Friday Fictioneers – Sacrifice – Survival

Every week, Rochelle Wisoff-Fields (thank you, Rochelle!) hosts a flash fiction challenge, to write a complete story, based on a photoprompt, with a beginning, middle and end, in 100 words or less. Post it on your blog, and include the Photoprompt and Inlinkz (the blue frog) on your page. Link your story URL. Then the fun starts as you read other peoples’ stories and comment on them!

FF - Sacrifice - Survival 190403

PHOTO PROMPT © Ronda Del Boccio

Sacrifice – Survival

The leaf-stalks, the arteries of the tree, became choked, losing their strength just as the autumn gales blew fiercer. Desiccated leaves clattered in great drifts, leaving the gnarled limbs and wrinkled bark of the tree facing the onrushing fury of winter naked, without protection. Sap sank back into the branches.

A persistent east wind hardened the cold. The tree pulled its sap back deeper, sacrificing more and more of the tightly-wrapped packets of new leaves. It was a killing winter, set to split a tree and bring it down.

Spring came late that year, and the leaves were few.


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46 thoughts on “Friday Fictioneers – Sacrifice – Survival

    • Dear Neil
      Thank you for reading and commenting. I’m glad you could see the tree. I’m glad, too, that the word clatter suggested heavy leaves to you. I was thinking of when the gales come late. The leaves have hung on and become desiccated and brittle, and they fall in great drifts in the first gale. To my ear the quality of the noise they make as they blow against fences, walls, etc is ‘clatter’, although I agree that I would more usually apply the word to crockery!
      Best wishes

      Liked by 1 person

    • Dear CE
      Thank you for reading and commenting. I took a few liberties with the precise workings of the tree, but it’s certainly the case that it responds to prolonged cold by reducing the cells given over to making new leaves.
      With best wishes


    • Dear Linda
      Thank you for reading and commenting. Yes, a Michigan winter is exactly the sort of scene I had in mind. We very rarely have anything remotely like that in the UK – in fact, the only one I’ve personally experienced was in January/February 1963. The snow lay so long and so heavy that if you dug down into it you found that it had turned into crystals of ice like gravel.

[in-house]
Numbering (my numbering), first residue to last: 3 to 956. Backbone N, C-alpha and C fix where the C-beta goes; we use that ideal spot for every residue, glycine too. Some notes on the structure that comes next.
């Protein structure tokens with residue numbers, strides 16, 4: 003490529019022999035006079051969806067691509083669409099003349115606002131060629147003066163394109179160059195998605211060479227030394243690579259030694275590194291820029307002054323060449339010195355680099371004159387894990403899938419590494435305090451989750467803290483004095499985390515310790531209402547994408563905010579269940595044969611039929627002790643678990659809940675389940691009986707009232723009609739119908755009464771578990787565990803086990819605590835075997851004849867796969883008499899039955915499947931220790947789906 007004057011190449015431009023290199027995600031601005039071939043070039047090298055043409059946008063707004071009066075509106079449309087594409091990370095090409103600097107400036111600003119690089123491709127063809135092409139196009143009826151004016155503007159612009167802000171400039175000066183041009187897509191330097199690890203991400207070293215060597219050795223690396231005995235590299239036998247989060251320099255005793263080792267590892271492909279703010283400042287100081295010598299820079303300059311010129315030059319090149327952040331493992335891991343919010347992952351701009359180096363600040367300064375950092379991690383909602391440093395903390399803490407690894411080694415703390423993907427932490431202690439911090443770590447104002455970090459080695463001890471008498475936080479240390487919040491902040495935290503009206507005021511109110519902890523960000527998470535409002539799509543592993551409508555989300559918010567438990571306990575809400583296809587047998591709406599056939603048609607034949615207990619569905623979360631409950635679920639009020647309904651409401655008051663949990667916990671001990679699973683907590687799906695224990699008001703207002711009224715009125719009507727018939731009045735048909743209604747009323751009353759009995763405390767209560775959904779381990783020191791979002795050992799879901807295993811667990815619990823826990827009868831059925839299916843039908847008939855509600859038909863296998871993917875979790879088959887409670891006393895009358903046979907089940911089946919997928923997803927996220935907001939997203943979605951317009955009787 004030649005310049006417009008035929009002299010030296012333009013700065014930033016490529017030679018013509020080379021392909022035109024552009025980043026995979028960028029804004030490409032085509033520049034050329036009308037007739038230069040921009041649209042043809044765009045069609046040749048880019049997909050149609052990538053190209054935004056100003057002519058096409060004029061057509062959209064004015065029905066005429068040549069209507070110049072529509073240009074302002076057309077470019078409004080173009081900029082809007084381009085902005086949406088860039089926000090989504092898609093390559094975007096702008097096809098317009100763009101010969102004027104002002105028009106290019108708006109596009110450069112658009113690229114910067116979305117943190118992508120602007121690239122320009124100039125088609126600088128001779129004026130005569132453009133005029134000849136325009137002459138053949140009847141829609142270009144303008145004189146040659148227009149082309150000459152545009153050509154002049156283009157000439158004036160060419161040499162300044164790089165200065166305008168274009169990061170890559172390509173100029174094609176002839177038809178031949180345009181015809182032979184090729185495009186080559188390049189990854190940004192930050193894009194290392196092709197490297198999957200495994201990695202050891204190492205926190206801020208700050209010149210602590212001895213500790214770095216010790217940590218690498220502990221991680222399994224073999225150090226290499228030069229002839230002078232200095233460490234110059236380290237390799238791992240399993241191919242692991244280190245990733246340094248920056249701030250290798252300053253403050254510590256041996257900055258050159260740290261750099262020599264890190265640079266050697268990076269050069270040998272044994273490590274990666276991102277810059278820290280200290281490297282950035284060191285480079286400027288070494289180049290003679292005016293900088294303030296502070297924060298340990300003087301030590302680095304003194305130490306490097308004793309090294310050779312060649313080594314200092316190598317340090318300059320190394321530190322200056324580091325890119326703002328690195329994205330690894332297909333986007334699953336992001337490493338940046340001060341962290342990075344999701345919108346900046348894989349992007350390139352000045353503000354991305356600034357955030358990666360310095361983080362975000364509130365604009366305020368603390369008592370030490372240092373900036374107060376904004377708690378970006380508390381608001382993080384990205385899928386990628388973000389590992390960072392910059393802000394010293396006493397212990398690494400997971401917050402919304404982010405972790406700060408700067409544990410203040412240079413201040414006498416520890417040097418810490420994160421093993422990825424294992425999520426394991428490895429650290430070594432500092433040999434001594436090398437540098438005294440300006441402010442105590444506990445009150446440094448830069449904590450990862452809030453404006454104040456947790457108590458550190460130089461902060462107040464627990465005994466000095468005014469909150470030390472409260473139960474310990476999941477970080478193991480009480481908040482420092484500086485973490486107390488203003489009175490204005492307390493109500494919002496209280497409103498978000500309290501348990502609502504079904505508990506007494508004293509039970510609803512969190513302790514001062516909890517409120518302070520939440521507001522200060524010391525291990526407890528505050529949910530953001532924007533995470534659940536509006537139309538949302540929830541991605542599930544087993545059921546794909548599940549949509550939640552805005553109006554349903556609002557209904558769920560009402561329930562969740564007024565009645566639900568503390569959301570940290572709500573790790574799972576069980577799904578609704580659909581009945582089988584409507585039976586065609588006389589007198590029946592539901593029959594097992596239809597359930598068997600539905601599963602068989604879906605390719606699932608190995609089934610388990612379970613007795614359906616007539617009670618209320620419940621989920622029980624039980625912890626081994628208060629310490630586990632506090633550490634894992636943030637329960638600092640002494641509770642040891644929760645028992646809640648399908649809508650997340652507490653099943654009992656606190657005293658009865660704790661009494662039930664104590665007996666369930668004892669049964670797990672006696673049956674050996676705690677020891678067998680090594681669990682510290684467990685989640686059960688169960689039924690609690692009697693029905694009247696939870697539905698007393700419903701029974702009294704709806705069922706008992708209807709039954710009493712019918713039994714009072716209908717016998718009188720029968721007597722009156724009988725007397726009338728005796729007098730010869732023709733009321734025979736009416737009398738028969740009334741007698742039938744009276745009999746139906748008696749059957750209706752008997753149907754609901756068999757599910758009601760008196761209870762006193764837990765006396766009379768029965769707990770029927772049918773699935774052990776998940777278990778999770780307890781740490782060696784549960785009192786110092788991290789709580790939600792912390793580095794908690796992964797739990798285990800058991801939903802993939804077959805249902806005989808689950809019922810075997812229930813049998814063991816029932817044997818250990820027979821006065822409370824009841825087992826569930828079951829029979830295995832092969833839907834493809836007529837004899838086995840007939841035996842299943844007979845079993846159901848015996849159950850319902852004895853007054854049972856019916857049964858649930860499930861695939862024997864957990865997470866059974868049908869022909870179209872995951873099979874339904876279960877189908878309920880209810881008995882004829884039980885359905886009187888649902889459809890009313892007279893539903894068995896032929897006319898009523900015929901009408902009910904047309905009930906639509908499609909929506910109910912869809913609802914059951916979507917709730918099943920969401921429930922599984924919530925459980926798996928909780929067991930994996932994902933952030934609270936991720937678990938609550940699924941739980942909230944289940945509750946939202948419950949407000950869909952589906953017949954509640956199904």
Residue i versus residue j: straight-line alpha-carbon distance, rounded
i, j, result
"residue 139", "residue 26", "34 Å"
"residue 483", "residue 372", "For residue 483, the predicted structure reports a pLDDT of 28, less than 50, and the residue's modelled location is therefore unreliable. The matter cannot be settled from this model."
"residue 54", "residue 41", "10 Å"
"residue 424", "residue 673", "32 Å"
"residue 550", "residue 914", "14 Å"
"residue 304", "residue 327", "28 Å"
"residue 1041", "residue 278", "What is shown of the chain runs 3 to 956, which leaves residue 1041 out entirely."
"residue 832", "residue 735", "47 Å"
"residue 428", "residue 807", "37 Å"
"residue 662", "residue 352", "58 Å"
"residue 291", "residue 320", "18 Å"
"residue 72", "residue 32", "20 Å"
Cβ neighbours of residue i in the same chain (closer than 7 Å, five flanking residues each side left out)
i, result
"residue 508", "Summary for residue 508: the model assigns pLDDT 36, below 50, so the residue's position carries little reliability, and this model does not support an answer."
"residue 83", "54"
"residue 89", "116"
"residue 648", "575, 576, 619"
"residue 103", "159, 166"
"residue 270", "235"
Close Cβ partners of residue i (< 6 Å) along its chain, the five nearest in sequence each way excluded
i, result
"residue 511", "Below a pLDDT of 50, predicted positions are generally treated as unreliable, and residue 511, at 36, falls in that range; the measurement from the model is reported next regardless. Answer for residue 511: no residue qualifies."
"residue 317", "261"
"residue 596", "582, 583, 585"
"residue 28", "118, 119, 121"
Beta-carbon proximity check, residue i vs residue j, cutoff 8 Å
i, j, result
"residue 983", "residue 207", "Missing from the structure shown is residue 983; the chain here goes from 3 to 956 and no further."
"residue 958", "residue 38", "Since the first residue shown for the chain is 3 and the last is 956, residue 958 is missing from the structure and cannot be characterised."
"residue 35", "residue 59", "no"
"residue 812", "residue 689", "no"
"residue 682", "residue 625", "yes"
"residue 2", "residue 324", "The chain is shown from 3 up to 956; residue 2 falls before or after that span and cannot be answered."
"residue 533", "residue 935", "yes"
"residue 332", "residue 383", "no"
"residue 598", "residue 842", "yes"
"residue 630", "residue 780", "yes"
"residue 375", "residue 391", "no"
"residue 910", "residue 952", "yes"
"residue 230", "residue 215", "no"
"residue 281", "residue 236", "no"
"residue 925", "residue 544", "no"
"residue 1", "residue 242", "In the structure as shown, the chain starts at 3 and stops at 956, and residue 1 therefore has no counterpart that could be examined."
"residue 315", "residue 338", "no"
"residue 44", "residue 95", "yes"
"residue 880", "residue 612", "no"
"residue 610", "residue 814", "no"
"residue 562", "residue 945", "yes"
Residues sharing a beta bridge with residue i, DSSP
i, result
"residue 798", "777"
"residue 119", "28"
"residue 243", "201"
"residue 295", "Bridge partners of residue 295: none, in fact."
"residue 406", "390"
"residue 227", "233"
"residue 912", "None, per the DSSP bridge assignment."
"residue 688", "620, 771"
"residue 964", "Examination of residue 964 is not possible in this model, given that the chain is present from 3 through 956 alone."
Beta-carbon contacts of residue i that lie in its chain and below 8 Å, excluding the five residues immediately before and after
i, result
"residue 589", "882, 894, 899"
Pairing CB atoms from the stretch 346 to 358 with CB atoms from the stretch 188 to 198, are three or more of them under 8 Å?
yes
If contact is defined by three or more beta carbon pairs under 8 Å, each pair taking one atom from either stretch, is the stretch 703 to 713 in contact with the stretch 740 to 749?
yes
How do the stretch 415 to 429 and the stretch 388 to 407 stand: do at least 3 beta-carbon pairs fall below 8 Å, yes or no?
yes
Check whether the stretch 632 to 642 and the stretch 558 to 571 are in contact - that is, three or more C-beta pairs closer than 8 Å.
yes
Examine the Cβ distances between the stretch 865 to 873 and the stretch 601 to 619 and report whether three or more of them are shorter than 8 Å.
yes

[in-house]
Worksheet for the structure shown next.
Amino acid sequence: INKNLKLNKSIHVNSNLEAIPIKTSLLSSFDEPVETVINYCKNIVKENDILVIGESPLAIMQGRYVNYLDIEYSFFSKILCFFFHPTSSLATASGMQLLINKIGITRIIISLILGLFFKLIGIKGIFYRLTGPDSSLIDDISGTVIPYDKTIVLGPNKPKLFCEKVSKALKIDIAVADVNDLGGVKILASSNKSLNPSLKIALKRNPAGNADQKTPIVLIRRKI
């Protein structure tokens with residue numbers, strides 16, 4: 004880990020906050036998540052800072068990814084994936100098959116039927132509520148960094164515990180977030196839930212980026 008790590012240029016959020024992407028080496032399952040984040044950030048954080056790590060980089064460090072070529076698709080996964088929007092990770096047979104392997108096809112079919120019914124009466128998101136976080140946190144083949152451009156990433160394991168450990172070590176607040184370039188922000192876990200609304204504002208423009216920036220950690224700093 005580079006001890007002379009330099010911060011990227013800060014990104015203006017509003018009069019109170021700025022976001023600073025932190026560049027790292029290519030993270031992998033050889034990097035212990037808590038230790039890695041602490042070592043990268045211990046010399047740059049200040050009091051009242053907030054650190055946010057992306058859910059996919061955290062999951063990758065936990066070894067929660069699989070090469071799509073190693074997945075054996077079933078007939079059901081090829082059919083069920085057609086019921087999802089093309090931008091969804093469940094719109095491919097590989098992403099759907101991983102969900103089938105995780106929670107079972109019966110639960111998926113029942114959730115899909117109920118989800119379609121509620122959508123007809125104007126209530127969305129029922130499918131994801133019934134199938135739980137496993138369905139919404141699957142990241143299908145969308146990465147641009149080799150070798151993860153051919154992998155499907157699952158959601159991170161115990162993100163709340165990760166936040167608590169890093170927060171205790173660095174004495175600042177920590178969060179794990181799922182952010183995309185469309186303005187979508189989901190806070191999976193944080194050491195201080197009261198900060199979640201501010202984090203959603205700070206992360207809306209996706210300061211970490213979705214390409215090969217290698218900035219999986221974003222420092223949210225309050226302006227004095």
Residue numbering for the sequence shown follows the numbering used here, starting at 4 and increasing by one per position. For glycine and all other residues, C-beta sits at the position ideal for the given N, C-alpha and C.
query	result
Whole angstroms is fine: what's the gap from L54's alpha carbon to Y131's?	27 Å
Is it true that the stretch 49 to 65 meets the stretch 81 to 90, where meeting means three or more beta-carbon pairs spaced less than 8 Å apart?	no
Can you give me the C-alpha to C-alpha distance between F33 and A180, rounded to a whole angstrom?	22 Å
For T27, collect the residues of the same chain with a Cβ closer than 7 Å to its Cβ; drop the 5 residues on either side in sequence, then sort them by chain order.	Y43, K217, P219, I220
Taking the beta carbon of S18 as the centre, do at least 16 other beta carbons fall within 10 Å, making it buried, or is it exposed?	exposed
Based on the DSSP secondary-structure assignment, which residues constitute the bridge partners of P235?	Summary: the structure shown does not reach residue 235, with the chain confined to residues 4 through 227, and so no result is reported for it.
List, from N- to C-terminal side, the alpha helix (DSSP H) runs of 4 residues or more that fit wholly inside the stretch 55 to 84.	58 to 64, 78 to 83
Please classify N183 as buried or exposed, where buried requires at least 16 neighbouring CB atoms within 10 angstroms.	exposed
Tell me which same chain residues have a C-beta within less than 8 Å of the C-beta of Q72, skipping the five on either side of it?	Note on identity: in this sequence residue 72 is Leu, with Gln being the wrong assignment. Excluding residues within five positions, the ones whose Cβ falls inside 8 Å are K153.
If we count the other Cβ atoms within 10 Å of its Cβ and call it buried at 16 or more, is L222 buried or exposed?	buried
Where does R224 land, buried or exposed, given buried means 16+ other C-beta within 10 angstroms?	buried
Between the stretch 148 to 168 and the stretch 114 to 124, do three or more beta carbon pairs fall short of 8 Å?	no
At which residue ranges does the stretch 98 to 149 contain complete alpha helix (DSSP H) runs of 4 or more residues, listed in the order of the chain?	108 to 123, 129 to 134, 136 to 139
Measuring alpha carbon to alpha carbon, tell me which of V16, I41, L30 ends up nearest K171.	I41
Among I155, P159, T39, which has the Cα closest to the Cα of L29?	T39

With very best wishes

      Liked by 1 person

  1. Dear Anurag
    Thank you for reading and commenting. You are very kind about my descriptive writing. If it has any merit, I would ascribe that to always searching for the precise word (especially verbs), the precise detail to illustrate (in this story, the new leaf buds) and, most important of all, studying how really good writers do it – Lynn Love and Neil McDonald are particularly expert among the FF regulars.
    With very best wishes


  2. The image of sap withdrawing further evokes an image of blood withdrawing to the core of the body. Winter can be quite harsh on fauna and flora. We are heading into winter, and because it is semi-desert the temperatures are extreme. Ranging from -3 degress celsius to 27 degrees in one day during the cold dry months. This was very poetic.


  3. I love the portrayal of the tree. Beautiful. And a timely story too – although where I live we don’t have winters like this, we sure have had some extreme summers lately. I think we’re going to see more of the beautiful natural world being sacrificed as our climate changes.


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